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Money Magazine has released its list of the best colleges, and yes, the Ivies and little Ivies are there, but not at the very top. The top-ranked school grants just one degree, and it’s safe to say that most Princeton Review devotees haven’t heard of the runner-up.
Massachusetts’ Babson College, a business school, gets top billing. All students graduate with a bachelor’s of science in business, but as Money points out, their students take a hefty load of humanities and science courses, too.
But students at the number-two ranked school all graduate with the same degree, too; Webb Institute, in Glen Cove, New York, offers one double major to its 80 undergraduates: naval architecture and marine engineering.
Remember, this is Money Magazine, so “best,” in this case, means “the most bang for your tuition buck.” Many of the top 50 schools are institutions known for some professional or disciplinary specialty: from the Massachusetts Institute of Technology (number 3), to Harvey Mudd (7), Cooper Union (8), California Institute of Technology (10) and the Maine Maritime Academy (12), which is number one on Money’s list of the 25 best public colleges.
Whether business or engineering is your passion, it’s not so surprising that attending an institution that specializes in a specific field often delivers a strong return.
In the case of Webb, for example, it only attracts students who are really interested in pursuing naval architecture on Long Island Sound. And for those teens — mostly male — who feel that calling and matriculate, Webb picks up the tab: tuition is free.
It doesn’t hurt that some of these professions are relatively lucrative. As Money writes about Babson, “the focus on business is the big draw — and provides a big payoff.” Six years after graduating, Babson alumni report earning an average of $60,000 — $13,000 more than the average for graduates of comparable schools (although Money does adjust earnings to account for the academic major composition and academic and economic profile of the schools).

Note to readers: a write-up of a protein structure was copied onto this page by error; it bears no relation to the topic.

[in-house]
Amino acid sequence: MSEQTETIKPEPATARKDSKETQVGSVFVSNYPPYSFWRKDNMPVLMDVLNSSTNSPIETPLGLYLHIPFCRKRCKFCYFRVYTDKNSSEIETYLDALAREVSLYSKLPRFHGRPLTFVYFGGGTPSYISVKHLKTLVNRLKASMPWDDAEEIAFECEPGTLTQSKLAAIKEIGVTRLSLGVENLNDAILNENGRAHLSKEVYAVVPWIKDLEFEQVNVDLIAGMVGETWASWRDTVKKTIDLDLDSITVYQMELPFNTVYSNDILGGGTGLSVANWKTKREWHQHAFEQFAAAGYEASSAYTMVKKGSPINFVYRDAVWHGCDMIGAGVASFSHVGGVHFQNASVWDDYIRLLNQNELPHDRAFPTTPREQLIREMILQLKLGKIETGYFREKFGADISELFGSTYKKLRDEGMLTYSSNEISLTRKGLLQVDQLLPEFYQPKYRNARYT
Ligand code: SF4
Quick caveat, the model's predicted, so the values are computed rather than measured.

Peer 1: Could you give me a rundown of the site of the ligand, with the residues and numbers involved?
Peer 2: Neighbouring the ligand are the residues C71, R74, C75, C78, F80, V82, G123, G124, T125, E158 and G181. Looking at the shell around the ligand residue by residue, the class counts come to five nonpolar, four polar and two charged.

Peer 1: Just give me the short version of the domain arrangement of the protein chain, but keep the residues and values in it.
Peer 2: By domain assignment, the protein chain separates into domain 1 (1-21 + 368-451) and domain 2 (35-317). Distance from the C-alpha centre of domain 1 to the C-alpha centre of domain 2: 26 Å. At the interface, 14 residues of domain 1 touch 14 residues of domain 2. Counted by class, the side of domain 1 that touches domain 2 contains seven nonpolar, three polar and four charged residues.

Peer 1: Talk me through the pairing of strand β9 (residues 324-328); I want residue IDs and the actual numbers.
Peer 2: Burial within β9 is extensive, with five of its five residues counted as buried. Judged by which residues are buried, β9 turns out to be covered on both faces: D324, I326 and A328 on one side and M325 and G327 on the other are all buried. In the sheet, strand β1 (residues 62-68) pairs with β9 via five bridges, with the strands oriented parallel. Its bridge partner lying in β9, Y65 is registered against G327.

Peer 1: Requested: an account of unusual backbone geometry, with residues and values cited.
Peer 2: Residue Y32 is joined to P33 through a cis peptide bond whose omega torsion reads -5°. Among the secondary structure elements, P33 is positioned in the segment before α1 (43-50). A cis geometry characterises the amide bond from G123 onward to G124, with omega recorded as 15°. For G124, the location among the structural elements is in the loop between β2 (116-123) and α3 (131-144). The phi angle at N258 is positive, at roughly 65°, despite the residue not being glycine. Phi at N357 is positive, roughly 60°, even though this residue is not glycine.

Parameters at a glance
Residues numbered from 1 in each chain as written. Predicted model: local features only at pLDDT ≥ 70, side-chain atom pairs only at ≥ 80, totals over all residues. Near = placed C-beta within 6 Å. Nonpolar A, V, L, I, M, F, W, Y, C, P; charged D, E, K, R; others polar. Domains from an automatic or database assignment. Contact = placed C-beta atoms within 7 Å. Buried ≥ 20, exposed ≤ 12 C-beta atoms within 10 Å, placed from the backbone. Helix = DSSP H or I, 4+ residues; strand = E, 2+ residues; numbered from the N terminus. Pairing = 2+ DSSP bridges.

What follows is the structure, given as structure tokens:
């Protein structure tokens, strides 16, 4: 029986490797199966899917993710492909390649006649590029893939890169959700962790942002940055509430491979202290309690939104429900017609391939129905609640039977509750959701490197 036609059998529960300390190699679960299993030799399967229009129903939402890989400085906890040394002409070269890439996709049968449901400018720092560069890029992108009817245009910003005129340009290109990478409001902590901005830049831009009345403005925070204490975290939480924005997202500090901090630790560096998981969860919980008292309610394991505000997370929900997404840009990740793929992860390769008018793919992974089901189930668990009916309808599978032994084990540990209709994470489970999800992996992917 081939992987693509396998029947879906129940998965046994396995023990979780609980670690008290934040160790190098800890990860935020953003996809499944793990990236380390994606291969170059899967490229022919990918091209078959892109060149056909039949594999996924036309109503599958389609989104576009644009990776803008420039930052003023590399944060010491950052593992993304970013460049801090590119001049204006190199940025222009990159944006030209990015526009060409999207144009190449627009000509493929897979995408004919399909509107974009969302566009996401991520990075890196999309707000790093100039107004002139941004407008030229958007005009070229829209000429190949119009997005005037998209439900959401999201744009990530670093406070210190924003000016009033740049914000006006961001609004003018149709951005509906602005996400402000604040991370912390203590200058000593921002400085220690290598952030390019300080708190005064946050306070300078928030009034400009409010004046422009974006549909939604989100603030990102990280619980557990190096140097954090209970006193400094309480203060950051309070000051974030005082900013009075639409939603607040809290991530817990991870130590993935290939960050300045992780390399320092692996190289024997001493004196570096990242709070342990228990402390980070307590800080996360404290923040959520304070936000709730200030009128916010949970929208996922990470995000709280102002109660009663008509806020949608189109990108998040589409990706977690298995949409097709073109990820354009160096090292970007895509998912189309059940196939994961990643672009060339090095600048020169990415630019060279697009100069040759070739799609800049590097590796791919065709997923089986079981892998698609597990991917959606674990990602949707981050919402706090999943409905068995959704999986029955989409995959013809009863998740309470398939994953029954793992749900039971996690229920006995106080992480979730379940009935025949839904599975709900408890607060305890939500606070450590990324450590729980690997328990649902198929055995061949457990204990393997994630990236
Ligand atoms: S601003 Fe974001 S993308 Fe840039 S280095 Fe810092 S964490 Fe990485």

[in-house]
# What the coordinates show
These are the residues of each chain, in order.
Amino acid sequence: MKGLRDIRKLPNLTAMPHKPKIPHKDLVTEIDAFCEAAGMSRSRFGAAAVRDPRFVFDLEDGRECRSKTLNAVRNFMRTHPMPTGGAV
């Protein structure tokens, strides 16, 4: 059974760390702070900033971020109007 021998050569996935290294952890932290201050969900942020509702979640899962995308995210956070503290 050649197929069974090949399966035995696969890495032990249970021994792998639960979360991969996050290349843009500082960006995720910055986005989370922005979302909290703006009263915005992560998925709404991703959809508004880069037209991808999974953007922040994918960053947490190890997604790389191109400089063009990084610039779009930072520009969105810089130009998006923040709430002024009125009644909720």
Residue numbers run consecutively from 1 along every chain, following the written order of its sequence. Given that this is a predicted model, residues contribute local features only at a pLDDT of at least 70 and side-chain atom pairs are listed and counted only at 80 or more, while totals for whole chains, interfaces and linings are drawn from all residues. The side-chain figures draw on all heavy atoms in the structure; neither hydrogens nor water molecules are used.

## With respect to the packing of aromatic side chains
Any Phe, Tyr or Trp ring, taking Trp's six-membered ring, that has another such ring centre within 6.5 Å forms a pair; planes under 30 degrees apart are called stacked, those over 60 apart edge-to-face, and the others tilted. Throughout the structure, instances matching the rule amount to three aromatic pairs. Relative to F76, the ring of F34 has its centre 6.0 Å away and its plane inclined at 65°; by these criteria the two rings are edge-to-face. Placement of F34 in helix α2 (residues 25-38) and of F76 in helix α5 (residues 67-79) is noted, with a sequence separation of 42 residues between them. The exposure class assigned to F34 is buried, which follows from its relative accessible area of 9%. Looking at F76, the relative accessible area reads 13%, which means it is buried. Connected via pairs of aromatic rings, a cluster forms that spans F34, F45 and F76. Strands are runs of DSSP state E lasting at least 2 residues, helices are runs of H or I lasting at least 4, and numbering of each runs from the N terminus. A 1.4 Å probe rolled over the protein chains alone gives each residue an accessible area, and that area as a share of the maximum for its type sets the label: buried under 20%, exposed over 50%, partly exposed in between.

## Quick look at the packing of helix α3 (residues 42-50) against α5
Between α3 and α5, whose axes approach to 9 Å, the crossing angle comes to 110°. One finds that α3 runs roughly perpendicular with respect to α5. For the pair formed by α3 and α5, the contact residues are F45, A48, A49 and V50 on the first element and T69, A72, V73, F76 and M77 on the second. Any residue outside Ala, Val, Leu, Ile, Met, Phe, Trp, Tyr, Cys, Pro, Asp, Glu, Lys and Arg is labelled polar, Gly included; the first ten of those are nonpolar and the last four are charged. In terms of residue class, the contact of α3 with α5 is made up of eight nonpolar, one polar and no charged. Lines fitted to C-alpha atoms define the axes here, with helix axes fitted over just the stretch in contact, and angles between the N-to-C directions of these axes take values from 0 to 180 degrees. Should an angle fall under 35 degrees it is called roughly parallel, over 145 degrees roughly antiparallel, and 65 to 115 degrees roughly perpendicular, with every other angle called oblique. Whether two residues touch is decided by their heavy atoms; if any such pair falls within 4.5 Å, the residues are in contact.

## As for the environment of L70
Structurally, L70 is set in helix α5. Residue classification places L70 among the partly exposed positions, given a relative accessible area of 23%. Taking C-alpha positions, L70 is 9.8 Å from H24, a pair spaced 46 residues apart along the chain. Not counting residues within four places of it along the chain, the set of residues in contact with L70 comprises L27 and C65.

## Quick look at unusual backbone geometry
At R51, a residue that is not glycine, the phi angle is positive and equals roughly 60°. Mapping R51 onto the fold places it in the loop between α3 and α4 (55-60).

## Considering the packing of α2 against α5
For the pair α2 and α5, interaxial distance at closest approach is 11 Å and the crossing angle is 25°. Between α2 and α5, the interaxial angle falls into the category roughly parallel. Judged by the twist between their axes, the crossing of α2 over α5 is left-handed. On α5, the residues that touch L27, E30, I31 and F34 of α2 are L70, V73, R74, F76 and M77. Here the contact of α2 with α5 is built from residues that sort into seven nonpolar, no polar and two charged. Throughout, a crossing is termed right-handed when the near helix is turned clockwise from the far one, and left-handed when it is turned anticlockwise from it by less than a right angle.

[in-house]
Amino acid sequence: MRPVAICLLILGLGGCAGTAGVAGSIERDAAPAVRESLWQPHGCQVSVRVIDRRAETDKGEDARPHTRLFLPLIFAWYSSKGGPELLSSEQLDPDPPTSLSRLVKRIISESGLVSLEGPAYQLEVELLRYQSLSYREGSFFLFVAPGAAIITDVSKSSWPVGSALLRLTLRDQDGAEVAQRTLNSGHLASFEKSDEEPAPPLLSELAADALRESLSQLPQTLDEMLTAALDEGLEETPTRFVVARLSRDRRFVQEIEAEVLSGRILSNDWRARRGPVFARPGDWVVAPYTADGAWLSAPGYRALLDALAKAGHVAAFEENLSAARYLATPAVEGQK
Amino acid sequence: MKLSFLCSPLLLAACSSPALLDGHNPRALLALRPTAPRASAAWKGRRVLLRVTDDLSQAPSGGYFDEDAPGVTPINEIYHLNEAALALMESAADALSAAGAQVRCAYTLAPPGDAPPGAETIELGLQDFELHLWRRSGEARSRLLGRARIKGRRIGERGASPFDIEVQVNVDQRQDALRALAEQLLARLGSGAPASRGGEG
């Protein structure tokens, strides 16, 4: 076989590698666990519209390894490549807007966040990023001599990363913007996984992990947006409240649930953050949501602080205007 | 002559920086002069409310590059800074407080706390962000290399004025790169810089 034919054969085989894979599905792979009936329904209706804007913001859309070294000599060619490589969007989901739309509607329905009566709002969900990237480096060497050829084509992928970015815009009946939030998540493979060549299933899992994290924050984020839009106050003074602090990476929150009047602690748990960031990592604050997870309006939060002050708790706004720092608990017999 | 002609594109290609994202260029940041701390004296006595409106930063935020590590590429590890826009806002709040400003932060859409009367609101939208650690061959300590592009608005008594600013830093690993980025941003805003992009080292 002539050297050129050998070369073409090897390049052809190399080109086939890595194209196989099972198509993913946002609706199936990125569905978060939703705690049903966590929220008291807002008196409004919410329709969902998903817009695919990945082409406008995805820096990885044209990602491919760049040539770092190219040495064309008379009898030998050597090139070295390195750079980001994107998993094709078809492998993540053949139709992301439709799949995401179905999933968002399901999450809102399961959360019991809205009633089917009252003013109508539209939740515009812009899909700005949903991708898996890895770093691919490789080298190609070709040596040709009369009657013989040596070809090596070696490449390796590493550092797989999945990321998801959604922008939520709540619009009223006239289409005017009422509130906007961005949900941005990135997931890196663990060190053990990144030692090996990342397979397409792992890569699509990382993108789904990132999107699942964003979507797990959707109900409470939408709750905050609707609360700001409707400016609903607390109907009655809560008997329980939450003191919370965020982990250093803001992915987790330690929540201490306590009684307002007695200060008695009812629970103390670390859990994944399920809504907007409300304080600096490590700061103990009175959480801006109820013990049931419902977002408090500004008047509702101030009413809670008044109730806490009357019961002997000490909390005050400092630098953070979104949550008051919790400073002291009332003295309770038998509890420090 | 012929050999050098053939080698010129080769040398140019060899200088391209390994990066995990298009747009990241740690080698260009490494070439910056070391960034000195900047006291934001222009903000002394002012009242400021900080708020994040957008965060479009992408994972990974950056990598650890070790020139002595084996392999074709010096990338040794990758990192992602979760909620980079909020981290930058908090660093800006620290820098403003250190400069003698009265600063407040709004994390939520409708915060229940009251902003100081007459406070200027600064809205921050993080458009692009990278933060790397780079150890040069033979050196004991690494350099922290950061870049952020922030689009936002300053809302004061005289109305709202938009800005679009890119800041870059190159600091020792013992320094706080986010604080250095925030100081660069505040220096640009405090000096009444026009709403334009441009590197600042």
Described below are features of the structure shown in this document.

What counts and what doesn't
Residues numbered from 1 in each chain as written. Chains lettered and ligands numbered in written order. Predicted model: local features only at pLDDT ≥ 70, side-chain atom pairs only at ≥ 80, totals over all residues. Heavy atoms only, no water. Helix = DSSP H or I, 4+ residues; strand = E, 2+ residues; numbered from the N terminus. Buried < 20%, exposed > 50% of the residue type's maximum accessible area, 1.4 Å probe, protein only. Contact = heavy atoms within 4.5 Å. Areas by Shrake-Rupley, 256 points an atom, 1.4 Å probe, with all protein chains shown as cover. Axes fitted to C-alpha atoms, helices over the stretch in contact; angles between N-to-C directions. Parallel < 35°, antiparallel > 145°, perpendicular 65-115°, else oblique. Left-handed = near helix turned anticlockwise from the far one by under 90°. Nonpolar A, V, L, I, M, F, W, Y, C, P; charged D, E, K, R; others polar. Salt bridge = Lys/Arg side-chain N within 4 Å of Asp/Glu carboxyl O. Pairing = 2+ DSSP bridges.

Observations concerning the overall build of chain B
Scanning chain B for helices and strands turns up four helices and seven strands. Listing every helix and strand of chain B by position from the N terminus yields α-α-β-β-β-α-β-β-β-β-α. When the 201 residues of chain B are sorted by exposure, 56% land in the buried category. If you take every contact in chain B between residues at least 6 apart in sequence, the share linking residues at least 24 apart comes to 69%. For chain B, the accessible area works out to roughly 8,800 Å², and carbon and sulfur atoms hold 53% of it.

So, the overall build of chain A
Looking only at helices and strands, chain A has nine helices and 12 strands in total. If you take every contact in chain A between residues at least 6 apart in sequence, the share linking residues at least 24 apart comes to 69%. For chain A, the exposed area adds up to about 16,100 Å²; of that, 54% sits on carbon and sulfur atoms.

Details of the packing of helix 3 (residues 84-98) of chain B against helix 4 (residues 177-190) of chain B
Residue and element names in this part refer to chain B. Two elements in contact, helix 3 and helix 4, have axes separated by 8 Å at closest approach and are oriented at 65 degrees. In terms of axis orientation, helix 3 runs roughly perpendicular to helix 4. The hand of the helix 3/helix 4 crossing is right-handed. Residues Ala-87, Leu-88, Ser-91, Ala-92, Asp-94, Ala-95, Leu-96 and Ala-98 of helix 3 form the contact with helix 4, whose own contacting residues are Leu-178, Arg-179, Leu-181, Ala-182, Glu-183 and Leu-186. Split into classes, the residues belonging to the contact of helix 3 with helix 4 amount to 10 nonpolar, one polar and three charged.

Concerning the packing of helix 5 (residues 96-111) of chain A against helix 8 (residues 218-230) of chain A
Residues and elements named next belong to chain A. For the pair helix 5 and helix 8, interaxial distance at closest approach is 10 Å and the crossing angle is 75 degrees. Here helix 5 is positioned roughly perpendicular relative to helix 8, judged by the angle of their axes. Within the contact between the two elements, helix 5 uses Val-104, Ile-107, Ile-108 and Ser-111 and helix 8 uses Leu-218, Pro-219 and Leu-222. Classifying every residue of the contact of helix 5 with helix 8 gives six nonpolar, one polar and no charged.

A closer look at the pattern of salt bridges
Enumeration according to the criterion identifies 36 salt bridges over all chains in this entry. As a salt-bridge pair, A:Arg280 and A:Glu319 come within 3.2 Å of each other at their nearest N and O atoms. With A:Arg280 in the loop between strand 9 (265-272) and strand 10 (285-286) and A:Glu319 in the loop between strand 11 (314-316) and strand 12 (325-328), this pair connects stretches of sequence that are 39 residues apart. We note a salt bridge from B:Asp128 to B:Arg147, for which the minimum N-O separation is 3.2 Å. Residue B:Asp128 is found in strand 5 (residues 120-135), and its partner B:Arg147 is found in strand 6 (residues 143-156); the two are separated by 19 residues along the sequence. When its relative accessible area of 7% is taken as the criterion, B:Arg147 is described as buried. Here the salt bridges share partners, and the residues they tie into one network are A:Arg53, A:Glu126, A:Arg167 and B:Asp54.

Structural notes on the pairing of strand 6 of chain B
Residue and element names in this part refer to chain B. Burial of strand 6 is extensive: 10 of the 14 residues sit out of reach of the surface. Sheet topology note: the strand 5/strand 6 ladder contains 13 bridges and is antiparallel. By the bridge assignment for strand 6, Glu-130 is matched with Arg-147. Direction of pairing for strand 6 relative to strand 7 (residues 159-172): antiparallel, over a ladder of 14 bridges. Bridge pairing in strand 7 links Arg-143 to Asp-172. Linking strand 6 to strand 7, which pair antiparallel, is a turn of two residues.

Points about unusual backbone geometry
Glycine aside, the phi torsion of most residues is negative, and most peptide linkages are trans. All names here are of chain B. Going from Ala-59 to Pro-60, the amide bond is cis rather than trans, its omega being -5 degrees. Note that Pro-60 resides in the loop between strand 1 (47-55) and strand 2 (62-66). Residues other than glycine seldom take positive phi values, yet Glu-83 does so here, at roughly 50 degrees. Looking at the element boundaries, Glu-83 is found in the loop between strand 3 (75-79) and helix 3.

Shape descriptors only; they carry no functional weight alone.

Starting with a pool of 1,500 four-year colleges and universities, Money filtered out those colleges and universities with below average six-year graduation rates, those with shaky finances and military academies that require a promise of service in exchange for free tuition. That left just 665 institutions.
They then assessed the schools in three equally weighted categories. (View their complete methodology.) The first, quality of education, includes information like the six-year graduation rate and what’s known as yield, or the percentage of students admitted who enroll, as well as the test scores of entering freshmen. Qualitative measures of instruction come from the student-faculty ratio and a college’s average score on Ratemyprofessor.com. Those subjective ratings, however, depend on how many and which kinds of students feel compelled to rate their teachers on the Internet.
Affordability, the second category, measures the net cost of a degree (that’s tuition per year times the average number of years it takes to graduate), which factors in the school’s average financial aid based on need, merit and athletics. (To understand the importance of looking at net prices — that is, what students pay after financial aid — read this David Leonhardt Upshot column in Tuesday’s New York Times.) This category also includes student and parental debt and loan defaults.
Their final category — “outcomes” — delves into the nitty gritty of who’s earning what. They look at the early and mid-career earnings alumni report to Payscale.com, although the accuracy of that information is contingent on alums actually reporting. The Payscale data also excludes alums who have continued their education beyond a bachelor’s degree, which, for many liberal arts schools, is a significant portion of their alumni, particularly the higher-earners. Money Magazine also investigates earnings by major and value-added earnings, which are adjusted for the economic and academic profile of the student body in order to give higher ranks to schools whose alumni made more money than would have been expected, given what they studied and where they came from.
And so, after all this, Babson College came out on top. Fitting, perhaps, in that the school was founded by the legendary investor Roger Babson in 1919 with a curriculum that combined, in the words of Wikipedia, “both class work and business training: businessmen made up the majority of the faculty instead of academics, and the institute’s curriculum focused more on practical experience.”
Two of Babson’s fabled “Ten Commandments of Investing” seem appropriate to his school’s ranking: “Don’t buy without proper facts” and “Don’t be fooled by a name.”
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